Tarboro Ward 4 Councilman Jim Alford received news by phone late Tuesday night that he had lost his re-election bid. The 12-year veteran councilman didn't gripe or moan, instead wishing his successor the best.
In a three-candidate race, Alford finished last behind J.O. Williams and winner Carol Furlough Ruffin. Ruffin was one of four newcomers voted onto the council.
"For 12 years we had excellent cooperation between the council," Alford said. "I hope it doesn't stop. I hope the new council and the old council take their jobs seriously and do what's best for the town."
The retired Sprint employee served three terms and six months on the council. The additional six months were added because the redistricting maps were not prepared for the scheduled November 2011 primary.
As a council member, he was appointed to the Regional Council of Government, N.C. Eastern and Municipality Power Agency.
"He did an admirable job representing his ward and the Town of Tarboro," said Tarboro Mayor Donald Morris. "I certainly hope Mr. Alford does will in his future endeavors. I thank him for his service."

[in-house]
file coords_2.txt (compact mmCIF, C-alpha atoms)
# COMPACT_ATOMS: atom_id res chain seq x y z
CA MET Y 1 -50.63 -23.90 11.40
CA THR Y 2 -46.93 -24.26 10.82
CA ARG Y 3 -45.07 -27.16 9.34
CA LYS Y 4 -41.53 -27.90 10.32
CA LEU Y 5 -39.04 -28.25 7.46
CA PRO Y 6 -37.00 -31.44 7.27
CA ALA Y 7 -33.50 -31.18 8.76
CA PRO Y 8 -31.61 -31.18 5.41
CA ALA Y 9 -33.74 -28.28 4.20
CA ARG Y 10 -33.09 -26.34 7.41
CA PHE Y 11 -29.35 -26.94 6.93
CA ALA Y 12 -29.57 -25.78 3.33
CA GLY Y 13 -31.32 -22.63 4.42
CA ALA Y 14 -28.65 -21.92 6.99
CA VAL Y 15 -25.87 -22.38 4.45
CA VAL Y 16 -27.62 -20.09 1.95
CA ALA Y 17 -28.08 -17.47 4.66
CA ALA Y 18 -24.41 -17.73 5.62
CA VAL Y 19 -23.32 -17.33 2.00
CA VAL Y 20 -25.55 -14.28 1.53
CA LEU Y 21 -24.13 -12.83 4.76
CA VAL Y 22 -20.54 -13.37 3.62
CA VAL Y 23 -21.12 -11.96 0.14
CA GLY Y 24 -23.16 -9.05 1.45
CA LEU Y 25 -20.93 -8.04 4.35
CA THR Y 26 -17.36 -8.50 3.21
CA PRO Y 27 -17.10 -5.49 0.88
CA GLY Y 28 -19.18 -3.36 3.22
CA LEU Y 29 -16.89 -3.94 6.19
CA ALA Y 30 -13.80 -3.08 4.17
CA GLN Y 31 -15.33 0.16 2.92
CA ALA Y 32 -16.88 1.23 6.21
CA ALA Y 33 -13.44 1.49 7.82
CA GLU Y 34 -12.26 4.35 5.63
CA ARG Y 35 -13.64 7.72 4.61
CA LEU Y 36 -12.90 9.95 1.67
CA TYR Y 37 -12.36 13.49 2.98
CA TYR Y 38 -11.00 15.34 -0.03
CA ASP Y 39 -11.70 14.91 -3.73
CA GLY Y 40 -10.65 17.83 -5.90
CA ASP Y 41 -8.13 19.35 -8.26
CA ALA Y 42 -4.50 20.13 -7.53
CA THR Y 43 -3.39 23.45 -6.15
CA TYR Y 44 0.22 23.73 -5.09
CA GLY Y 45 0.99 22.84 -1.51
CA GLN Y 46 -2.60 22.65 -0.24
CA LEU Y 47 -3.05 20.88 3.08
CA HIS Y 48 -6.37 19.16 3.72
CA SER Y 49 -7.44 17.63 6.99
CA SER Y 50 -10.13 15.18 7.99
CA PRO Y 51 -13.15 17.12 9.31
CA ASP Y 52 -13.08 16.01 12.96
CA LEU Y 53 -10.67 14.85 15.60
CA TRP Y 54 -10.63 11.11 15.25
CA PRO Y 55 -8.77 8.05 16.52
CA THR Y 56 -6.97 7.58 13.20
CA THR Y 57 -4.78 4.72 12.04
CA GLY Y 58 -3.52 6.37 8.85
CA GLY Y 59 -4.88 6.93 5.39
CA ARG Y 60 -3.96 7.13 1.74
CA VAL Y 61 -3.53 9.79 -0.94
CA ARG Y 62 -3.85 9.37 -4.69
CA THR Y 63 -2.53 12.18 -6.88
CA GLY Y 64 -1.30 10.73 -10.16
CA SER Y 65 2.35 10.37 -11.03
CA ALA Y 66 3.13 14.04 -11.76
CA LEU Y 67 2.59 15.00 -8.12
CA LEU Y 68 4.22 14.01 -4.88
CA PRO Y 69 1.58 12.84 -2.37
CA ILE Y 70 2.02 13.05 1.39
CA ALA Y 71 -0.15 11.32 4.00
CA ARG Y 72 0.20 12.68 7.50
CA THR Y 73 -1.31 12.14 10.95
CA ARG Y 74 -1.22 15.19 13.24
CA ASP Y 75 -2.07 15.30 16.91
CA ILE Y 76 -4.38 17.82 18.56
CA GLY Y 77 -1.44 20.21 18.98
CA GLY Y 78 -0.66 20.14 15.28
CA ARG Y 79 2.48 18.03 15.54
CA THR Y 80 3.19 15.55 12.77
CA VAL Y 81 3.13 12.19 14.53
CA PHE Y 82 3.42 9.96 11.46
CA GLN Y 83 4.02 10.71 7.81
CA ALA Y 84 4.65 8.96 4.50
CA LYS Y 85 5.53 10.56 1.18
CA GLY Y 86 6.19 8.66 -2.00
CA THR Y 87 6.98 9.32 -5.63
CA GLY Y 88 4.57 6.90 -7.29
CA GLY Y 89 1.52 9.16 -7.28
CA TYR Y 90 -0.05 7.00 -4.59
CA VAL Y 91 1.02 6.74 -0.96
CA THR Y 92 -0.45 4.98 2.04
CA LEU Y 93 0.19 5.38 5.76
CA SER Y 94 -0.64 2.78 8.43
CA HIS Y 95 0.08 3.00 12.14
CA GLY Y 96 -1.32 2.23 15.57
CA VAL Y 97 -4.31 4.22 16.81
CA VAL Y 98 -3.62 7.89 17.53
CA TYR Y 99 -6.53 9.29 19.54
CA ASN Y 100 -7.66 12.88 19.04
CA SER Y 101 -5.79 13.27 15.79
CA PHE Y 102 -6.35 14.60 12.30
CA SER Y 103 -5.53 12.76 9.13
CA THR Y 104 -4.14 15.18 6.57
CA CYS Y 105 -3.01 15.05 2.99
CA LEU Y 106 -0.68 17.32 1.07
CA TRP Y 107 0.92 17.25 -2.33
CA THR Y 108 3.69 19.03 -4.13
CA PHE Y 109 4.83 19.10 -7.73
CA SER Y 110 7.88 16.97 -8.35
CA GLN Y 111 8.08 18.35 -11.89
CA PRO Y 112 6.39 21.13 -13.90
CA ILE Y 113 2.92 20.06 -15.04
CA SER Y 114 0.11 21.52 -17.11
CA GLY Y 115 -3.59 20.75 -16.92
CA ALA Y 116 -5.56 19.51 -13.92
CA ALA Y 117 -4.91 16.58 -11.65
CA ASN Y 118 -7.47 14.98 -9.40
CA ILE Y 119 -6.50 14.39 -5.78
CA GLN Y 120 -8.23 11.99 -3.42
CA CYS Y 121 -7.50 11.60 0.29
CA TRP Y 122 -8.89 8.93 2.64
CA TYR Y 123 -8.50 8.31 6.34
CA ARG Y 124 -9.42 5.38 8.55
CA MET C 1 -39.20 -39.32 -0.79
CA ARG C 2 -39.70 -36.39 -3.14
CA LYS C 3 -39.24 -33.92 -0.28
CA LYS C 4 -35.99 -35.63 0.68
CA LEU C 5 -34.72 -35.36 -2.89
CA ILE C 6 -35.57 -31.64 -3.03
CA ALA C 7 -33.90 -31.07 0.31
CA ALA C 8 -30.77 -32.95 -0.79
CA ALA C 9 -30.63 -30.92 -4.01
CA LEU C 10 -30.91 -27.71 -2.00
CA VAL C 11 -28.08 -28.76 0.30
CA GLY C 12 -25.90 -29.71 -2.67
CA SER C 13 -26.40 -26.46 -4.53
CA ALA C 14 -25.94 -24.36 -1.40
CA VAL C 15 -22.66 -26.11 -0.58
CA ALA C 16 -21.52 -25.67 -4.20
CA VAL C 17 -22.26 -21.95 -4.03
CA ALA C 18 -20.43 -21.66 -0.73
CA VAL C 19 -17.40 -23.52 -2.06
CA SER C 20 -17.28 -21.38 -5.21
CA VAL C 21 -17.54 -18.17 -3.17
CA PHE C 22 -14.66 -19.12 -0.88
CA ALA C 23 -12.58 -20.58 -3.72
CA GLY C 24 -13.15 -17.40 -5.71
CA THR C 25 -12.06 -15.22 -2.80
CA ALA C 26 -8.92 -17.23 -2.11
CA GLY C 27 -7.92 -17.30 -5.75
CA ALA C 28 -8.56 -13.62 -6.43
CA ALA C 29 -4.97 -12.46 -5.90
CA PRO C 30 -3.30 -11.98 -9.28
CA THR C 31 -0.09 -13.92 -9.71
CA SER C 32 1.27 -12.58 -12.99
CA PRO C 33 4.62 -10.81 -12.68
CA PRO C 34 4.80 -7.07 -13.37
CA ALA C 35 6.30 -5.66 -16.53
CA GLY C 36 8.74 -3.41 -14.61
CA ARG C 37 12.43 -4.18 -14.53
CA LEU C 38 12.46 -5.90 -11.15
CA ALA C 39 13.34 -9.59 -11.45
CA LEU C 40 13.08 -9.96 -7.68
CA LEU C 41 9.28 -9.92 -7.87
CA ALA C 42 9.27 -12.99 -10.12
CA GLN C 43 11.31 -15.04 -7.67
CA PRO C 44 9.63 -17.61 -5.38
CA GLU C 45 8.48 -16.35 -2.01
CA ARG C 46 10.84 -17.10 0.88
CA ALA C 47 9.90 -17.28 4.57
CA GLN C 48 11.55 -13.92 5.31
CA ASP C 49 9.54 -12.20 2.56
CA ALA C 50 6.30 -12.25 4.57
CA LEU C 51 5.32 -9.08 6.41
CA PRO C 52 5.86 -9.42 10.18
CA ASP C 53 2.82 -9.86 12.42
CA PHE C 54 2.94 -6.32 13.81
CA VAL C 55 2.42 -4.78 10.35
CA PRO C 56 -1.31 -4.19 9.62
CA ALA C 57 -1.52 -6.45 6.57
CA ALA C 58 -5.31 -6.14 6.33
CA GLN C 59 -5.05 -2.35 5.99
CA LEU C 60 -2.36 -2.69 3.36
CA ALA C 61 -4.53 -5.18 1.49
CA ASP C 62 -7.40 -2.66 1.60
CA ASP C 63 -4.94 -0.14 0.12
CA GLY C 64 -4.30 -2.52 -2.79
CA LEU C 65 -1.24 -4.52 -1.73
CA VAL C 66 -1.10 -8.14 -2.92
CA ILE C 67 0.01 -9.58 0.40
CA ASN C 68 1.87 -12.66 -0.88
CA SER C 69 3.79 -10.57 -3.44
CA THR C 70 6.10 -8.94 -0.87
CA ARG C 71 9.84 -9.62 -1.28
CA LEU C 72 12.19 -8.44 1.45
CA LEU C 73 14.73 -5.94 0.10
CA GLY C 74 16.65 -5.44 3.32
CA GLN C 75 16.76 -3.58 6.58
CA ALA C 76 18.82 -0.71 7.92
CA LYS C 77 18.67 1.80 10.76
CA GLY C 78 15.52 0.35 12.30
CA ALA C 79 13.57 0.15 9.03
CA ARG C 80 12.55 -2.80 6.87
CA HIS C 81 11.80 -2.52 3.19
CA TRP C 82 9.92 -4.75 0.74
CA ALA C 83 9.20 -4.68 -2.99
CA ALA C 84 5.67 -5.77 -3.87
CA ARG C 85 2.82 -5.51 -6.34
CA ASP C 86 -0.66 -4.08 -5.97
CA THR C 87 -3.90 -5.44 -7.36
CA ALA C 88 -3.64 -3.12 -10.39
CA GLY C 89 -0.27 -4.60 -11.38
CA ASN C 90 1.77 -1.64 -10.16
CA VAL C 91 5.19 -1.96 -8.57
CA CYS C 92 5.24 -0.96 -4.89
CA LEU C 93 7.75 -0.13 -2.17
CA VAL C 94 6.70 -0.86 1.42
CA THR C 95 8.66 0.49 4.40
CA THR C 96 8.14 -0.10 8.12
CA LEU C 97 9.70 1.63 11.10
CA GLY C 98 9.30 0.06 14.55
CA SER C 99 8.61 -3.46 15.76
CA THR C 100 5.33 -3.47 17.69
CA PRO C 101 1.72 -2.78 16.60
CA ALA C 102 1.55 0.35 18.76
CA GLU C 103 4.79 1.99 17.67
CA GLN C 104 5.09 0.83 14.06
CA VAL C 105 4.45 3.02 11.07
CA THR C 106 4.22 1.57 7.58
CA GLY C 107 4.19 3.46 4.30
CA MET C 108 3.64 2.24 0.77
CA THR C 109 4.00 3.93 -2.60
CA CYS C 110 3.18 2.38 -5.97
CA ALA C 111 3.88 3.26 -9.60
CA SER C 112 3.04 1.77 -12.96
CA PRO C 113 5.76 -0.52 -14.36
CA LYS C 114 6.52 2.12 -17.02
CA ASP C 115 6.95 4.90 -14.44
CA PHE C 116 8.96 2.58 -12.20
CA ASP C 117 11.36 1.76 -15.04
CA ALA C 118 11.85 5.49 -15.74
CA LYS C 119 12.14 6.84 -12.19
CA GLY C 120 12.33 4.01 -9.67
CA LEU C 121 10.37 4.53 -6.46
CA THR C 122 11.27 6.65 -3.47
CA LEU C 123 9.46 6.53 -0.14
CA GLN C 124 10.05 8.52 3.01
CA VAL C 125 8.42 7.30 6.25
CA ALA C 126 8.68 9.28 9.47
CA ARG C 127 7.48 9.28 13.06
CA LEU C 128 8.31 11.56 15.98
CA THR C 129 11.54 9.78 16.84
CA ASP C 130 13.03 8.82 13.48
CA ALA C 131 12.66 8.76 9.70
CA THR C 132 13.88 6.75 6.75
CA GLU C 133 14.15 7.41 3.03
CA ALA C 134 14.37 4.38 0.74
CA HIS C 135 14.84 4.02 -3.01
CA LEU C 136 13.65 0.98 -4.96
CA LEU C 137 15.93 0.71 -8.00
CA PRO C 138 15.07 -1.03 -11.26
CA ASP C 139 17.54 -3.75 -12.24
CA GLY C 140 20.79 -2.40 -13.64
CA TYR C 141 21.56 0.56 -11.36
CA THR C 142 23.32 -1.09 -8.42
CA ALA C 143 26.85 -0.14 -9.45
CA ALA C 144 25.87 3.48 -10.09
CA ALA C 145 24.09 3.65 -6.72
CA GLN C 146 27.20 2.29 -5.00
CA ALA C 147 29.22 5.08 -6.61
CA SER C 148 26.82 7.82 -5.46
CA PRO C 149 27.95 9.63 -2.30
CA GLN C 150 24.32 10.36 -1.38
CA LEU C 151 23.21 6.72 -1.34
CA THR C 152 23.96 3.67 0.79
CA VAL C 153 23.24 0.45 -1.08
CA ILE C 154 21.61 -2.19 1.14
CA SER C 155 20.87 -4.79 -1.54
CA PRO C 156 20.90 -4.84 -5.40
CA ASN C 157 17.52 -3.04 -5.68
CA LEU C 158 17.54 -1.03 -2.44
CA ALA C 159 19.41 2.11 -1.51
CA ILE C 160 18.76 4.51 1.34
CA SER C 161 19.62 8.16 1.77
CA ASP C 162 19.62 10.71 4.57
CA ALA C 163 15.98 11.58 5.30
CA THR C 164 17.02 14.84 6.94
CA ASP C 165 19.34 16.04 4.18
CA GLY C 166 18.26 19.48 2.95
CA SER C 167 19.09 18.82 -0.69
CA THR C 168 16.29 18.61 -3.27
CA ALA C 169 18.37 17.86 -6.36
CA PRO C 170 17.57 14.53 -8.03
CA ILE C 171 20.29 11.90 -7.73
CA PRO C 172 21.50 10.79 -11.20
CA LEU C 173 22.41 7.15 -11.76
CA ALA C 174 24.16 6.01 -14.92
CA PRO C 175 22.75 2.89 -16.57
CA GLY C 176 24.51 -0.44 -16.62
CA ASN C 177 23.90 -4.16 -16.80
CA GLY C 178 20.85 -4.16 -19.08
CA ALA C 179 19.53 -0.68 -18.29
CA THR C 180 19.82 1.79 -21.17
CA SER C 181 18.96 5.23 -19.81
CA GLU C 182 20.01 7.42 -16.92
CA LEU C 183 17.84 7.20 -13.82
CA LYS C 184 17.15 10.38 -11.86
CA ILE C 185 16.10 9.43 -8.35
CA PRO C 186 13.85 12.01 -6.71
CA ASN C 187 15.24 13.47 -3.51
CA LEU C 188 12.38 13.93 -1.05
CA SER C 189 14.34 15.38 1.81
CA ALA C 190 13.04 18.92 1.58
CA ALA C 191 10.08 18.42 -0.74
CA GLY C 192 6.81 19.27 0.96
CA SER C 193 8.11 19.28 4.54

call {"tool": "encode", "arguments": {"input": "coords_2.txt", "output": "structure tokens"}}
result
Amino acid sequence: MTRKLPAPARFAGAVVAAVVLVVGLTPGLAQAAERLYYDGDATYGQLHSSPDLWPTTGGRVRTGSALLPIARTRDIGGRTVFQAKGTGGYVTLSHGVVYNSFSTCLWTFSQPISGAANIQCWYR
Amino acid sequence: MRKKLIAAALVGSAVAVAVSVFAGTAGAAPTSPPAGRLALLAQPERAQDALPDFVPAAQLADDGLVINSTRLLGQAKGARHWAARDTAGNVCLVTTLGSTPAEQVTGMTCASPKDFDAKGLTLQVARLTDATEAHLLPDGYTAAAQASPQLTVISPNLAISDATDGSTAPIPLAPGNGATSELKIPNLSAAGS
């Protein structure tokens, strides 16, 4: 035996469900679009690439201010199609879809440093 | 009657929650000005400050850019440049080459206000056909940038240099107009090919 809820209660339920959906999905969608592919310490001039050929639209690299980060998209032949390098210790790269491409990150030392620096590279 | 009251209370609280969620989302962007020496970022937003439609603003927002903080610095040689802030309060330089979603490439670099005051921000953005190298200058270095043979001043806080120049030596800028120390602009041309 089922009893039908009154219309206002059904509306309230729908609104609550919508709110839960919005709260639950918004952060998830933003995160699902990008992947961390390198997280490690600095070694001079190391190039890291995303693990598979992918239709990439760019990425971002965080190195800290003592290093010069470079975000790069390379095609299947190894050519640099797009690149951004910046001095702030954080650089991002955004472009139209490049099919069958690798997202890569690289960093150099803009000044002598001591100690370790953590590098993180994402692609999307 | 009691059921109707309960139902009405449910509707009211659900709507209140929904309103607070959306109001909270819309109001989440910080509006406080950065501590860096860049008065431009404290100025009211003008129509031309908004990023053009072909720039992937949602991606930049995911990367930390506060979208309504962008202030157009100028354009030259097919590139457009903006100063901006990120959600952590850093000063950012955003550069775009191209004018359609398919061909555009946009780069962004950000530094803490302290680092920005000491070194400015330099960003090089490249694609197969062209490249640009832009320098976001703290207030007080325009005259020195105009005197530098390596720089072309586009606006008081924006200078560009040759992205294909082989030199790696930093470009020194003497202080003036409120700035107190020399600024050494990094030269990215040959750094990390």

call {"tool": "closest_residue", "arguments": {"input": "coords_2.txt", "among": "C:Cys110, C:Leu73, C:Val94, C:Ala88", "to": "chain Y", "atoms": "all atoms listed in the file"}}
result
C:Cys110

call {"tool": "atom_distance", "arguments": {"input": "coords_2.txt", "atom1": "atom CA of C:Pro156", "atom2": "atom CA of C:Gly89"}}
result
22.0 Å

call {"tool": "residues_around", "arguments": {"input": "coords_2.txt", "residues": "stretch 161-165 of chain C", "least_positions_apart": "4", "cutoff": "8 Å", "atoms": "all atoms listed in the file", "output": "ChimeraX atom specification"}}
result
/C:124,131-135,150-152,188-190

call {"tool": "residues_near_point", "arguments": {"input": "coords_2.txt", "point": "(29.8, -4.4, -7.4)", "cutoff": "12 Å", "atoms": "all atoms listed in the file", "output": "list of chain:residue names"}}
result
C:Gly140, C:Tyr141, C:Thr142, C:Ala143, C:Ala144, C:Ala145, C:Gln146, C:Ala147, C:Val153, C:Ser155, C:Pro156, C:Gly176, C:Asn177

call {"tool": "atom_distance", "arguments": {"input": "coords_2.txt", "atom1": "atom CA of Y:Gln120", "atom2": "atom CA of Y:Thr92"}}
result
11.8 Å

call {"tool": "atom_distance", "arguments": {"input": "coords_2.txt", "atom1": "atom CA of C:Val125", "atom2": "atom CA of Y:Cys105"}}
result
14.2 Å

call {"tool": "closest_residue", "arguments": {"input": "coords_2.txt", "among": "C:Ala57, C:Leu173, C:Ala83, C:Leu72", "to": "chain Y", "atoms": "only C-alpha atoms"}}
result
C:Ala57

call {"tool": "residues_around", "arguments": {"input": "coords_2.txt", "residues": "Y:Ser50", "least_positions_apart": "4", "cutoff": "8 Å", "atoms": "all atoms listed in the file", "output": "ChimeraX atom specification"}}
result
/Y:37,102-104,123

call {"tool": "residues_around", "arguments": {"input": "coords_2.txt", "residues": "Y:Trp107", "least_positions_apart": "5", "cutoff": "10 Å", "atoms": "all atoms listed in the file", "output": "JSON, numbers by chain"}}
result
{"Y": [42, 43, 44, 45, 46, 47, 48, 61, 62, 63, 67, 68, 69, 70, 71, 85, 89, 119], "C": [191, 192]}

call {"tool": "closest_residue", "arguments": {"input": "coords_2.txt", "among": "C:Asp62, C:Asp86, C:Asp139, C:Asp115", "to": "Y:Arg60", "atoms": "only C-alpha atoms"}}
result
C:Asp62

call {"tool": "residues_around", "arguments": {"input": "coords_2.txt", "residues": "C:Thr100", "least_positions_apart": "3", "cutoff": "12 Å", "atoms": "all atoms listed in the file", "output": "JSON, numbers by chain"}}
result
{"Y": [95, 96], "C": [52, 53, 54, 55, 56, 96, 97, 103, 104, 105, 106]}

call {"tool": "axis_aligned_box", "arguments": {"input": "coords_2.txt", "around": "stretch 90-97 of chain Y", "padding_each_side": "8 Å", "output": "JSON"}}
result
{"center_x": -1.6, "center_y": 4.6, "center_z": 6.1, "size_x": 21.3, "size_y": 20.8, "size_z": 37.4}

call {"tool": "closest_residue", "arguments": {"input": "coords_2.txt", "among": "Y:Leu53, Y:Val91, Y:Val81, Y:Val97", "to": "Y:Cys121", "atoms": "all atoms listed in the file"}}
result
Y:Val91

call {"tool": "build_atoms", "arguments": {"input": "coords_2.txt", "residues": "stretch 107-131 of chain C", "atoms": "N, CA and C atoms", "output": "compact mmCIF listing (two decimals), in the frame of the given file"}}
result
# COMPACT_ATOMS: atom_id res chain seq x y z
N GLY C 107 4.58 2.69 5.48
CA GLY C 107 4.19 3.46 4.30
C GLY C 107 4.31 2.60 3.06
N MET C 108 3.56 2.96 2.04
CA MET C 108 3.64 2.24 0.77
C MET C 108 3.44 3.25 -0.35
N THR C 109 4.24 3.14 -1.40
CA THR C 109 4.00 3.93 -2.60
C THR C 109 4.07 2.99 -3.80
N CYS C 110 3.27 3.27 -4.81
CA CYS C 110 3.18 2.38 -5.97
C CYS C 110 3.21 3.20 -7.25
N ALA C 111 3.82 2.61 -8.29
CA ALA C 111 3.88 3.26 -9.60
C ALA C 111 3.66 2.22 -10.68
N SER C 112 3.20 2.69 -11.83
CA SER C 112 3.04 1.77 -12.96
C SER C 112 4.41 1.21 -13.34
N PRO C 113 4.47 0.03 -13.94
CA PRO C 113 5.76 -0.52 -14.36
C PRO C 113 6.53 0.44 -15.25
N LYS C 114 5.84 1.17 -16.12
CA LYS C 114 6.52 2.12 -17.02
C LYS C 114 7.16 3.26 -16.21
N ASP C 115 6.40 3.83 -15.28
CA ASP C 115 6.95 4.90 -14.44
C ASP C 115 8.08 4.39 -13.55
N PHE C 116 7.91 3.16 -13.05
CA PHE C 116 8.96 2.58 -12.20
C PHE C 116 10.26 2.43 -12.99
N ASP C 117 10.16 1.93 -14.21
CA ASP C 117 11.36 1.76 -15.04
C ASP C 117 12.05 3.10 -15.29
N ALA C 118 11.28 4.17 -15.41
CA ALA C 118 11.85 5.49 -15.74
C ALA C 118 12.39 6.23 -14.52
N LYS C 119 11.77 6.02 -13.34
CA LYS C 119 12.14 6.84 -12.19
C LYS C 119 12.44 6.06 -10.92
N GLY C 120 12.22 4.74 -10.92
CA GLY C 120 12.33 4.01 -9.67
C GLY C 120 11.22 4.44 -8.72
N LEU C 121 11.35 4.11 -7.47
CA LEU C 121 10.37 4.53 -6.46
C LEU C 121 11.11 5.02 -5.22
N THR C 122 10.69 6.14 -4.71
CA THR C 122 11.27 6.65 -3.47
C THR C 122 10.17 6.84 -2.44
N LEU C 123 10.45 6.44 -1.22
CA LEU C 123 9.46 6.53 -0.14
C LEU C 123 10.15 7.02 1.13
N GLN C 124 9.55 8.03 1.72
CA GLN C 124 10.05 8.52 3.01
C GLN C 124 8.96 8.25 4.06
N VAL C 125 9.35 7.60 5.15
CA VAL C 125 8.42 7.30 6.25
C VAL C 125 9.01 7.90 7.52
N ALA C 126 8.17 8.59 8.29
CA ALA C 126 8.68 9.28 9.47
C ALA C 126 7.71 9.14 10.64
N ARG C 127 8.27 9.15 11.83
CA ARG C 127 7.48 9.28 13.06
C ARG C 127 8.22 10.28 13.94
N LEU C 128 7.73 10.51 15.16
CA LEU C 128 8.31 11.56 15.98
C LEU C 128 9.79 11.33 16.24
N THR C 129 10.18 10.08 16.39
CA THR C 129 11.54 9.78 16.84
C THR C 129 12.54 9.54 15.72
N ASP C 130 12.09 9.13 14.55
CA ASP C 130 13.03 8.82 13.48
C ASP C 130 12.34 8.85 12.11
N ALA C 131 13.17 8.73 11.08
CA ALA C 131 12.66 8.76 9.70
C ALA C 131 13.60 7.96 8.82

Alford said he cherished every day he served. Alford said he decided to delve in politics after he retired. Twelve years later, he had become a seasoned politician who loved his job.
"I enjoyed every minute of it," he said. "It was the best thing that I've ever done."
Alford became known for speaking passionately during council meetings on issues in which he believed. One issue he fought he is most proud of took money out of his pocket.
"I missed a meeting because my son had died and the council voted on giving themselves a raise," Alford said. "The very next meeting I objected to it because it was not the right thing to do. We did not need to spend the town money like that. I spoke up and we did the right thing and rescinded the vote."
Alford said he is also proud of the condition in which he is leaving the town, pointing out that, "Tarboro is solvent and we don't have any debts."
One of Alford's disappointments is the town's failure to renovate River Front Park into a unique recreational site. Plans were made to modify the area into an exquisite park, however, "the funds ran out," he said. "I hope they continue to work on it. I would like to see a nice park, not exactly like the one in Greenville, but one that will improve the existing site."
Alford's last day as a councilman will be Monday, June 11, when the town holds its regularly scheduled monthly meeting. He plans on attending and doing like he has done during his tenure before leaving with the mindset of a watchdog.
"I've done the right thing and I'm proud of what I did," he said. "I tried to give the best for my town, my ward and my family. Now, I will sit at home and watch the new council — and keep score."